A year into the Covid-19 pandemic, Sharka, a scrappy expressionistic painter, finds respite from the isolation of her small apartment on a park bench. When Bridget, a self-possessed lone traveler dragging a suitcase, encroaches and sits down next to her, angry sparks fly until the two find unexpected common ground.
Two strangers cross paths in an NYC park. Sharka, an artist, rides her bike to a local Brooklyn park to attempt to paint and overcome the artistic block that has frustrated her since lockdown at the beginning of the pandemic.
Bridget drags a rolling bag into the park and plants herself on a bench next to Sharka. Little does Bridget realize that her social distancing is not far enough for her cantankerous neighbor. As the women exchange words, tensions amplify. Neither Bridget nor Sharka have been this close to a stranger for the past year. It’s felt like an eternity since either has felt seen or enjoyed simple pleasures. Eventually the two break down and share stories of their aloneness over the past year. Although they’ve both recently received the new vaccine, they’re still afraid to get too close to another person. As they let down their guards, they share their respective longing for another person’s touch.
The two female characters in After the Deluge spoke to me upon my first reading of the script. I was taken by the depth of their emotions, their quick wit, and their unabashed vulnerability. Their brief encounter in a pandemic-altered New York City resonated deeply, and I was struck by the ways in which John Patrick Shanley’s narrative captures a time—wracked by phases of isolation, disconnection, and confusion—that mirrored my own experience of it.
Female-driven stories that reveal messy, imperfect characters who are vulnerable and yet strong are at the center of my cinematic work and vision. I saw these qualities in Sharka and Bridget immediately. Despite their edge, there is a softness. Although they are each quirky and unique, they are also relatable. Like the rest of us, they too are wearily trying to find their way forward in uncertain times. I continue to admire the ways in which Bridget and Sharka each take personal risks to connect with each other, even when there are no guarantees.
Over the course of the pandemic, and still, the natural world is a respite from our personal bubbles—our cramped apartments, our social media feeds, and our diminishing worlds. Even a park in New York City reminds us of the cycles of life and opportunities for growth. With After the Deluge, I want to give folks a glimmer of hope, a reminder that perhaps ‘this is where we begin again.’
Director Tara Young
After the Deluge marks the narrative directorial debut of longtime non-fiction filmmaker Tara Young.
Over the past twenty plus years, NYC-based Tara Young has produced, shot, and edited arts-and-culture programming for numerous unique and diverse organizations. She has created original content for Sundance Channel, the Criterion Collection, Alaska Dispatch News, and Etsy. Nominated for four Northwest Regional Emmys, and winner of the 2014 Regional Edward R. Murrow Award for Feature Reporting, Young’s work has been featured on The Criterion Channel, Sundance TV, the Atlantic, and as “Staff Picks” on Vimeo. She is currently a freelance producer, DP, and editor for the Criterion Collection.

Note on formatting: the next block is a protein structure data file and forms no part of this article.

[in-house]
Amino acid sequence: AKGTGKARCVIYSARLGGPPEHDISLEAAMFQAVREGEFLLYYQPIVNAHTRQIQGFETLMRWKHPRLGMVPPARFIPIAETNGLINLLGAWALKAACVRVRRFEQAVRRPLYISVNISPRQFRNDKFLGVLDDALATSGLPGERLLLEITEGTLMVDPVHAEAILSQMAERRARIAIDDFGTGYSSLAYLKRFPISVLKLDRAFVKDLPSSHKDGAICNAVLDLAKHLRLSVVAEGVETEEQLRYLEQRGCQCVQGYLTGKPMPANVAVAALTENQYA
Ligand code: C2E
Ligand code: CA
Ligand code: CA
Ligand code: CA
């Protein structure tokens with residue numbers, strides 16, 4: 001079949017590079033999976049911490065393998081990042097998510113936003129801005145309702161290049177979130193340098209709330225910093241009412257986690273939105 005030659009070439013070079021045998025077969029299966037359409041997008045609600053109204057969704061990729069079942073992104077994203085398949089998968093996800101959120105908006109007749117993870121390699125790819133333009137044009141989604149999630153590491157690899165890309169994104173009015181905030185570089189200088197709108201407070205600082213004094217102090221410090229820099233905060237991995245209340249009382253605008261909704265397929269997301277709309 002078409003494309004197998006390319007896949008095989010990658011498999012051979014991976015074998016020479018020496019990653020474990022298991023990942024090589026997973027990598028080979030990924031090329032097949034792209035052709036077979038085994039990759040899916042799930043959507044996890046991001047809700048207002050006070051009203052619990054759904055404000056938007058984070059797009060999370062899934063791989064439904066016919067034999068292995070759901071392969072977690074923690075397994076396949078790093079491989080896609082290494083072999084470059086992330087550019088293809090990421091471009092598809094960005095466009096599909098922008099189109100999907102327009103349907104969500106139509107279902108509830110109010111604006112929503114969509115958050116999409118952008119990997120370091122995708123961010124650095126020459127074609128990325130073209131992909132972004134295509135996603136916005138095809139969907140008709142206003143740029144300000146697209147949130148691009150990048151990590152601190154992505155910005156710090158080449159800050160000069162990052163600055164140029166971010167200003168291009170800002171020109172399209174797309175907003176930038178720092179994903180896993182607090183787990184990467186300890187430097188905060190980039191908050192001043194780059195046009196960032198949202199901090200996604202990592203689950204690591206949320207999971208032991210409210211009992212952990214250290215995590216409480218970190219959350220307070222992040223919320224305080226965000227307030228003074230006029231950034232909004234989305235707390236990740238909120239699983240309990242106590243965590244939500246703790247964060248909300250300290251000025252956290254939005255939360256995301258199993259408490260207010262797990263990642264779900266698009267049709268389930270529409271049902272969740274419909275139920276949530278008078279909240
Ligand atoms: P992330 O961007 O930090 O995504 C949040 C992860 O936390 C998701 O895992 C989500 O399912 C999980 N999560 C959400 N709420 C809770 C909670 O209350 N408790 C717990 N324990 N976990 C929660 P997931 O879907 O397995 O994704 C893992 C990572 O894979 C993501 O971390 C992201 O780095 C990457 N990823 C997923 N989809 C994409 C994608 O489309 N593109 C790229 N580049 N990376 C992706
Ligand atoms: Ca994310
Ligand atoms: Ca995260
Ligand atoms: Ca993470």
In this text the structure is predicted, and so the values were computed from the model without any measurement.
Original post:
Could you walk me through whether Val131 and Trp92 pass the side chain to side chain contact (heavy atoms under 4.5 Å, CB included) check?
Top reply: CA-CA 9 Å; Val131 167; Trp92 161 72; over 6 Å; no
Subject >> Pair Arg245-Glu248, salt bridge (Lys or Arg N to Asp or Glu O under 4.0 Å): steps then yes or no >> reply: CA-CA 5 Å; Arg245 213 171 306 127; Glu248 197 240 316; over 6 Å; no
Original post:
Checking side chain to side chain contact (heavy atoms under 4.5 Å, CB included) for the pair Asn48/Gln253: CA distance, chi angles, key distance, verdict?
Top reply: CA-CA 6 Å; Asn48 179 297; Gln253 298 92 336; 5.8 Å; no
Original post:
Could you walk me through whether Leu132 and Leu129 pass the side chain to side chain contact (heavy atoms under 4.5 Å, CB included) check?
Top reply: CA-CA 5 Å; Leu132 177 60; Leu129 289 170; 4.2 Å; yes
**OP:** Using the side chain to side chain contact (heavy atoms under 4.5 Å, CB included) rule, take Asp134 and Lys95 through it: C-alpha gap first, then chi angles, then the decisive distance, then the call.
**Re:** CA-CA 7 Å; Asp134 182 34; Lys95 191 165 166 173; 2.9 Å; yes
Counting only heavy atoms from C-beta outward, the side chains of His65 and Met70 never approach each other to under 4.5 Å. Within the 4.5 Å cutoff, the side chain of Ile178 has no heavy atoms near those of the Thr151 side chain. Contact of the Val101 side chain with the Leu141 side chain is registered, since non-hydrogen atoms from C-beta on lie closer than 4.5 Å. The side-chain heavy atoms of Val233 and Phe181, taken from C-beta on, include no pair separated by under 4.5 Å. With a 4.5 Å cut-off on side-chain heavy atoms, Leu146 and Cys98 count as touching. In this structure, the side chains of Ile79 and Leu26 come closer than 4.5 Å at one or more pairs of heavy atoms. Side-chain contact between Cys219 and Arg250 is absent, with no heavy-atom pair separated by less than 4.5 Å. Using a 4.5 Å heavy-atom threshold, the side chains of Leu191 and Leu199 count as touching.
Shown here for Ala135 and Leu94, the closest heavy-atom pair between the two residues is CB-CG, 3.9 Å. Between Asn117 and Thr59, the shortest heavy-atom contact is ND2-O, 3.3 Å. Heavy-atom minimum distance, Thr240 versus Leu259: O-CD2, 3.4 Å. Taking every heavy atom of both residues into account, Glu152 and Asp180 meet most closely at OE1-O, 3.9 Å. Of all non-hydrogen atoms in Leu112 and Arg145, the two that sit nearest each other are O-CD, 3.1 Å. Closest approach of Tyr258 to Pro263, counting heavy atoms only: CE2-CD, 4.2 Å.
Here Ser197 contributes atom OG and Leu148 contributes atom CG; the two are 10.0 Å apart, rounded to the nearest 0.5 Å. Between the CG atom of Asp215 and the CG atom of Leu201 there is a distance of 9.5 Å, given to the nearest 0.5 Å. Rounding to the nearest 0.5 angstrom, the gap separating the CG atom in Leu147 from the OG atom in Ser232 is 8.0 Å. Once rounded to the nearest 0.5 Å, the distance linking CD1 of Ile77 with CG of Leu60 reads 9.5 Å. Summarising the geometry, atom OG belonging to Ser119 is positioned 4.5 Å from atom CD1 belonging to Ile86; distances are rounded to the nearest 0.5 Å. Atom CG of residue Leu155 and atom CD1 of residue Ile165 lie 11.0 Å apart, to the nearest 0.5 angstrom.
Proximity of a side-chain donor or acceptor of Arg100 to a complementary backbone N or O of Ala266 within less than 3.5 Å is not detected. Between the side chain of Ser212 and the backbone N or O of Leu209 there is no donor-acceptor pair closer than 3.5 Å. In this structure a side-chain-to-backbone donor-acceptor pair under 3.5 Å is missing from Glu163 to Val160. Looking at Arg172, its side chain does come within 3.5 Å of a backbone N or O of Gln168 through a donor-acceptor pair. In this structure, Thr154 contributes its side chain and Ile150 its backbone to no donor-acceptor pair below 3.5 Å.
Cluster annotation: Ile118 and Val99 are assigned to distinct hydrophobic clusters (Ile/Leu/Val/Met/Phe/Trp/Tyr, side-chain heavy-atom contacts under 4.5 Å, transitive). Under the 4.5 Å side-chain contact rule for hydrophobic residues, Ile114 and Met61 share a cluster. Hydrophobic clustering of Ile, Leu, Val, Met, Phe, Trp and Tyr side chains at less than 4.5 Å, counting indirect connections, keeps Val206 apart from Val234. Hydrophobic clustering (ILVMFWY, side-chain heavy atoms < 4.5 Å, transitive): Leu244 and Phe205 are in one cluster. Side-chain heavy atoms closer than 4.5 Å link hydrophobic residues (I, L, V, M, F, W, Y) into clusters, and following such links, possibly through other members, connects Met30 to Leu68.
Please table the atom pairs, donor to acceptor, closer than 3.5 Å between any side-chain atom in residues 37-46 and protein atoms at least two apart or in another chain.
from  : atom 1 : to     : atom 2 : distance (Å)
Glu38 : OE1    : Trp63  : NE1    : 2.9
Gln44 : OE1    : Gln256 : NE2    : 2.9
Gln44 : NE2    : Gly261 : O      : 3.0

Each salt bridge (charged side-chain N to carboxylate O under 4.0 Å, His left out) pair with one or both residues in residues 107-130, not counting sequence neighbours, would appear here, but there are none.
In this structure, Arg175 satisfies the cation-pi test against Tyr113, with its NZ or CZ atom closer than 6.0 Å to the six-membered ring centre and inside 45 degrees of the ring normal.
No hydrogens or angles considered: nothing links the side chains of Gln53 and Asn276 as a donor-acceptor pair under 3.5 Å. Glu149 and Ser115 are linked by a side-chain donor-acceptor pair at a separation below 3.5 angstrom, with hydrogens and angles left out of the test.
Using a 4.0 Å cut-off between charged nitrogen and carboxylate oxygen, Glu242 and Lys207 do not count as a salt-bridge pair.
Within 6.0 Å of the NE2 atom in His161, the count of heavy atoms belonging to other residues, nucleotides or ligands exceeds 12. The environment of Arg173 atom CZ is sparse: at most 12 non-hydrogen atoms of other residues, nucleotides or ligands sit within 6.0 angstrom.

Charlotte Hornsby is a NYC-based cinematographer whose work has garnered attention at festivals such as SXSW, BAM Cinemafest, BFI London Film Festival, and the Sundance Film Festival where the short Lucia Before and After, she shot for director Anu Valia and the short Hair Wolf she shot for director Mariama Diallo won The Short Film Jury Award for U.S. Fiction in 2017 and 2018. She filmed additional photography for DP Ashley Connor on Josephine Decker’s Madeline’s Madeline which was nominated for a 2019 Independent Spirit Award for Cinematography. Charlotte’s work has played at MoMA and the Brooklyn Museum, appeared on the Criterion Channel, HBO, Hulu, Pitchfork, Nowness and appeared in New York Magazine and The New Yorker. The ASC featured her most recent film, Master, as a visual standout of the 2022 Sundance Film Festival. The thriller, which stars Regina Hall, is currently streaming on Amazon Prime.
Trae Harris is a Los Angeles-based actress. Born and raised in Baltimore, and bred in Brooklyn, Harris is a multidisciplinary artist who incorporates the poetry of movement, the written word, visual aesthetics, and esoteric mysticism to reimagine and explore the healing journeys of queer women of color in the Americas through storytelling. Harris’s professional acting career began as a teenager with a role on HBO’s The Wire. They then starred in the Sundance feature Newlyweeds (2013), And I And Silence (2014) at New York City’s Signature Theater, Netflix series Orange Is the New Black (2014), Didn’t I Ask For Tea? (2015), Ori Inu: In Search of Self (2015), Bodymore (2018), Hair Wolf (2019) winner of US Fiction Awards for shorts at Sundance, The Vacation (2022) winner of the Directors Award for shorts at Sundance 2023, as well as various web series.
Grace Rex is a New York City-based actress. Her credits include recurring roles on television in Severance (Apple TV+), The Good Wife (CBS), and Dispatches from Elsewhere (AMC). Her film credits include The Secret Life of Walter Mitty (Dir. Ben Stiller), The Dilemma (Dir. Ron Howard), Contagion (Dir. Steven Soderbergh) and indie gems like Inspector Ike (Dir. Graham Mason) and Women Who Kill (Dir. Ingrid Jungermann). On stage, she has appeared in new plays at Lincoln Center and Second Stage (Uptown) and has performed regionally at Steppenwolf Theatre and The Denver Center.
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